OC Transpo budget includes 2.5 per cent fare hike in 2020, no service cuts to trim costs
OTTAWA -- OC Transpo riders will pay more to board the bus and the O-Train next year, but the transit service has no plans at this time to cut service levels in 2021 to reduce costs.
"The overarching theme is no one is stranded," said OC Transpo General Manager John Manconi as he presented the 2021 transit budget to the Transit Commission.
The 2021 draft budget includes a proposed 2.5 per cent hike in transit fares, effective Jan. 1. If approved, an adult monthly bus fare would increase $3 a month to $122.50, while a senior monthly pass will increase $1.25 to $46.75.
COVID-19 related pressures are estimated to be $62.8 million to $72.8 million for 2021. The City of Ottawa has been told that Safe Restart funding from the Ontario and Federal Governments will cover costs until the end of March. The shortfall for 2021 is expected to be between $47 million and $55 million.
The Transit Commission says if funding from the upper levels of government does not come through, a list of service cuts will be presented in the spring to find $23 million to $31 million in savings.
Manconi told the Transit Commission that OC Transpo is forecasting a $50 million to $60 million shortfall in ridership revenue next year if ridership remains low during the COVID-19 pandemic. However, Manconi said the budget does not recommend cuts to routes because that would affect people who need the service the most.
"Introducing service cuts that's going to impact those that need it most is not what we're recommending. They depend on it for their day-to-day live, their livelihood and their wellbeing," said Manconi.
"It will hamper your mitigation and recovery strategy; both in dealing with COVID now, from social distancing to getting people around, and the longer view in terms of recovering."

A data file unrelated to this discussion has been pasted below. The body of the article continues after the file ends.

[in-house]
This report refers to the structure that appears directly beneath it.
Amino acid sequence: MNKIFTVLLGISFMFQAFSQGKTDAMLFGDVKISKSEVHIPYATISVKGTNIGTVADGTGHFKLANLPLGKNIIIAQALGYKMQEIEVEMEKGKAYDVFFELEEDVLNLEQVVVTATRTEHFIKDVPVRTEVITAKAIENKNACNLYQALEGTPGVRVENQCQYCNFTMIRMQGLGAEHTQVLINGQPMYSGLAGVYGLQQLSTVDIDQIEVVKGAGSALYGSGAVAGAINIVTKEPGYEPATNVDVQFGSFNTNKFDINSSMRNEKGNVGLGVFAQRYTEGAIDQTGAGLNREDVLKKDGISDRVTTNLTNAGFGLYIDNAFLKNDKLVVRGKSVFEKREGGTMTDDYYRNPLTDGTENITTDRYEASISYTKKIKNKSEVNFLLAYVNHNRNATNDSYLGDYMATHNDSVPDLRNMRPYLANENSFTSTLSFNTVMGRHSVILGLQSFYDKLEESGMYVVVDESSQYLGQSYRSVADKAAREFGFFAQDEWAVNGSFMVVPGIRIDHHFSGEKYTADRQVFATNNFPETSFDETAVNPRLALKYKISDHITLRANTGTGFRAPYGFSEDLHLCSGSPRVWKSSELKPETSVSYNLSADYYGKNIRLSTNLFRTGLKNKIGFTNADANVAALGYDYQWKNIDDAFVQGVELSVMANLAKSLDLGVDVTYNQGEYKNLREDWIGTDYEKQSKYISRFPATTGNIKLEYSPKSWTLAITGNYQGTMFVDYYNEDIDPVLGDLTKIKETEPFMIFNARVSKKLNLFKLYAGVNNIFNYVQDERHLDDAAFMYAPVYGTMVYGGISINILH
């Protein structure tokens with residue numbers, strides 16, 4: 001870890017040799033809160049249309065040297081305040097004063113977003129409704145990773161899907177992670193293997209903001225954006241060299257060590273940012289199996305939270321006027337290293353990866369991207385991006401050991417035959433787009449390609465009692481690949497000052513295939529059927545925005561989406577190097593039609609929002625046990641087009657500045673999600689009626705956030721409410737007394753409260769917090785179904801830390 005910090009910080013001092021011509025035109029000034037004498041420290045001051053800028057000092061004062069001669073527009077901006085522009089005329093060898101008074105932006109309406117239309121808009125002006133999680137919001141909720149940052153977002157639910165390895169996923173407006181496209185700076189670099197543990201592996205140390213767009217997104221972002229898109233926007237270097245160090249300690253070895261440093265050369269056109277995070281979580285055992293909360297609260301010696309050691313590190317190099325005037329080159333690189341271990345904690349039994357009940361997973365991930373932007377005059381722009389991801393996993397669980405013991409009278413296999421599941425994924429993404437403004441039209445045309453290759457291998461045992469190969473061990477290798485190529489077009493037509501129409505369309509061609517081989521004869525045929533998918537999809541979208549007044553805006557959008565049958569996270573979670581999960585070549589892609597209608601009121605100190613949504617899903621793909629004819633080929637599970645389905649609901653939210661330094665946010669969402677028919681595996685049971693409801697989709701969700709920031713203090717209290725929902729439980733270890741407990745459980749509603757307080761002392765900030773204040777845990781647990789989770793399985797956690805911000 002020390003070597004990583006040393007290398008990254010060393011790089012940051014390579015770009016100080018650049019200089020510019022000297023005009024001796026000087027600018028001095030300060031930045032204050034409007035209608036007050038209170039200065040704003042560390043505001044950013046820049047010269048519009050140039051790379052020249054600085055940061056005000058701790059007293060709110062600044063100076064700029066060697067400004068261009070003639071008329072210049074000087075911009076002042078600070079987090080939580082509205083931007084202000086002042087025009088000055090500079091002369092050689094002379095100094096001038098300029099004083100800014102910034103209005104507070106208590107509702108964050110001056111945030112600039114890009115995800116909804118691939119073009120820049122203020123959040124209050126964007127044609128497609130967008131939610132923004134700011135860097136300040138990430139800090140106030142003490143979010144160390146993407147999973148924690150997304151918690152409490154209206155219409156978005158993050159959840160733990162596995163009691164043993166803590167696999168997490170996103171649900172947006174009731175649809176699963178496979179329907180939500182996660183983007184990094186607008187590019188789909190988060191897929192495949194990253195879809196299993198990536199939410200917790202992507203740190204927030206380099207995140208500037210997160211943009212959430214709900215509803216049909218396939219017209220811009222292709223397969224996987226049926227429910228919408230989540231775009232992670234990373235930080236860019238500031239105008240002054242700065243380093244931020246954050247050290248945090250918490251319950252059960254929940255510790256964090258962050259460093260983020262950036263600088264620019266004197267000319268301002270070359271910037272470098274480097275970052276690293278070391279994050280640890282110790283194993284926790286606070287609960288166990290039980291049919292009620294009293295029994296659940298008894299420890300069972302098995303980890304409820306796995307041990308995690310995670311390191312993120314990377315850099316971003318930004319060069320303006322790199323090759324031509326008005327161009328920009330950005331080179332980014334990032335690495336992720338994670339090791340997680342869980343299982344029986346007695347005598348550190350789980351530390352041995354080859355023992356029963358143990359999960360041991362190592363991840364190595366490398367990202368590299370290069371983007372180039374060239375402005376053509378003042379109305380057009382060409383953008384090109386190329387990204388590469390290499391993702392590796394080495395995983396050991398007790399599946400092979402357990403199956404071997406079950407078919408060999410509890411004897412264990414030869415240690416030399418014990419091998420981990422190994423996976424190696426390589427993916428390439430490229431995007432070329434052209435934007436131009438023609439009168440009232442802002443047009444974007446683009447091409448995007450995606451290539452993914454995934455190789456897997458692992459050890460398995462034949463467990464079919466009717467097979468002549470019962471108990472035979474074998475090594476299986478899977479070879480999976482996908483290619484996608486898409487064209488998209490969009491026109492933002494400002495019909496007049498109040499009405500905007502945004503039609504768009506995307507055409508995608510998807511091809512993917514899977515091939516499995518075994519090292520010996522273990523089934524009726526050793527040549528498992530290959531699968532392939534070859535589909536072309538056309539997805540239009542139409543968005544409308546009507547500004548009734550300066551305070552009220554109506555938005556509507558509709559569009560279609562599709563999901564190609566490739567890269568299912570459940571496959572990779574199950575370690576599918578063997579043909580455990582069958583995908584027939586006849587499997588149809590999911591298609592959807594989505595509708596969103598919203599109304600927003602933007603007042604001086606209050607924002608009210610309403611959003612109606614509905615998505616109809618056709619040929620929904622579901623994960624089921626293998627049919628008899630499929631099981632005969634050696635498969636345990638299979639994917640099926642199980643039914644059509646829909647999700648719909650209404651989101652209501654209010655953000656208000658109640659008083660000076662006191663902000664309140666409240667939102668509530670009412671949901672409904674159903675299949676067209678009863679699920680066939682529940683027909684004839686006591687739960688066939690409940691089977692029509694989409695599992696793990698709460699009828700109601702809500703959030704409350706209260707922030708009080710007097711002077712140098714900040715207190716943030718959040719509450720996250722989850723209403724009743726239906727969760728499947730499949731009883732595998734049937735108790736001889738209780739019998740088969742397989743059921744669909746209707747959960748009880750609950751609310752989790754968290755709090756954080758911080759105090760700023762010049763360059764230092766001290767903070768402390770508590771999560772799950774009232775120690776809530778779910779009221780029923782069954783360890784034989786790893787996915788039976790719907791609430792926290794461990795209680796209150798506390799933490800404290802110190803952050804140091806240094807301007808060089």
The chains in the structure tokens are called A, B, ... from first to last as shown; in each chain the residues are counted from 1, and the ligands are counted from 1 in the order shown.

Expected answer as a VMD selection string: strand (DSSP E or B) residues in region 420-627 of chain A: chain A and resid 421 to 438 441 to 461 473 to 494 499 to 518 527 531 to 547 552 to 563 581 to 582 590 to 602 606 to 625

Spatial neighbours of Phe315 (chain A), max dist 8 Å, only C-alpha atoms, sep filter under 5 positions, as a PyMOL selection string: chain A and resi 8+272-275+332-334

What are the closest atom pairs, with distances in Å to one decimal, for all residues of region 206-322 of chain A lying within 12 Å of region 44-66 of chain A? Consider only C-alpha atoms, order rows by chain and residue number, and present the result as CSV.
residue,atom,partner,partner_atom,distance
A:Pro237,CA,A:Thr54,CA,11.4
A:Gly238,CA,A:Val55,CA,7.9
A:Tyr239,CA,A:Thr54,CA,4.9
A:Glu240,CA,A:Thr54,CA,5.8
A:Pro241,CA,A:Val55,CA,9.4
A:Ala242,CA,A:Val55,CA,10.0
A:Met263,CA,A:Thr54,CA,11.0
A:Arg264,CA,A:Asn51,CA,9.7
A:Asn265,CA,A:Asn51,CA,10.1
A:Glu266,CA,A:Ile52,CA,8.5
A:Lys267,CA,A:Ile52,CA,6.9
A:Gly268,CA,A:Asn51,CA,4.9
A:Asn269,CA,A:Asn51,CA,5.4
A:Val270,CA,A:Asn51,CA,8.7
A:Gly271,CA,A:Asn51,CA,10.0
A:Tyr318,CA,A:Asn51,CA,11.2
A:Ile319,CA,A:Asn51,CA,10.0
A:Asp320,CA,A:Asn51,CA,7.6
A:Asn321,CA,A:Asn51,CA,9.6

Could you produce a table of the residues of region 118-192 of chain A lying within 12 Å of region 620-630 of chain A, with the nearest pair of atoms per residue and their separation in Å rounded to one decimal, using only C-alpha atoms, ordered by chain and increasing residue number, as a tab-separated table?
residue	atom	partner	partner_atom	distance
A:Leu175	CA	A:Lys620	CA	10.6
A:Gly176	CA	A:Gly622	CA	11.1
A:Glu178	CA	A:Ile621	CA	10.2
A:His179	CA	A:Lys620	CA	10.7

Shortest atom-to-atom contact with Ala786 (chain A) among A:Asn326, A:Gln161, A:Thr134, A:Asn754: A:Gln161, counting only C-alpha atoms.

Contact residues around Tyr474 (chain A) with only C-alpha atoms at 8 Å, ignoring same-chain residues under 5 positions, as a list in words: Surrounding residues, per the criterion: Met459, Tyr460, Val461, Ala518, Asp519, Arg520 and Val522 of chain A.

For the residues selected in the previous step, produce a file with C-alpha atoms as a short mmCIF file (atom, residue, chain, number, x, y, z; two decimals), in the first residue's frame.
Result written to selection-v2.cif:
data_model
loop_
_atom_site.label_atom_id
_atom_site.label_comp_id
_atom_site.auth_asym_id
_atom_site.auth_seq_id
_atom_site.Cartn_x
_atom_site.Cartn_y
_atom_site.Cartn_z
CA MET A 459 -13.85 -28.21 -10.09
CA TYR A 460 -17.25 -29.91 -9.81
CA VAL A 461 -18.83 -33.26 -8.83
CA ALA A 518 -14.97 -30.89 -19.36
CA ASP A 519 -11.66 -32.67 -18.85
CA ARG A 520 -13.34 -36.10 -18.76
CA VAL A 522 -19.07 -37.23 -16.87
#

Transit Commissioners asked Manconi about cuts to routes now, and then reinstate service at a later date as ridership increases.
"Once they're instituted, recovering them and reinstituting them is a lengthy, expensive process," said Manconi.
Staff did propose $30 million in savings to help balance the transit budget, including eliminating supplemental buses for the Confederation Line and reducing WSIB costs.
The transportation services general manager told the Transit Commission that staff are preparing for three scenarios to cover the remaining budget shortfall of $47 million to $55 million.
- Plan A: Best care scenario is additional funding from the upper levels of government
- Plan B: Use funding from the OC Transpo capital budget to backstop funding if the funding from the upper levels of government does not come through
- Plan C: $23 to $31 million in service cuts
Manconi told the Transit Commission that staff have started to work on possible service cuts, which will be presented to the Transit Commission next year.
Transit staff came up with five scenarios for ridership in 2021. The worst-case scenario is 40 per cent of pre-pandemic ridership levels, which would result in a $125 million budget shortfall. The best-case scenario is 85 per cent of pre-pandemic ridership, which would result in a $31 million budget deficit.
The Transit Commission will vote on the 2021 budget on Nov. 18.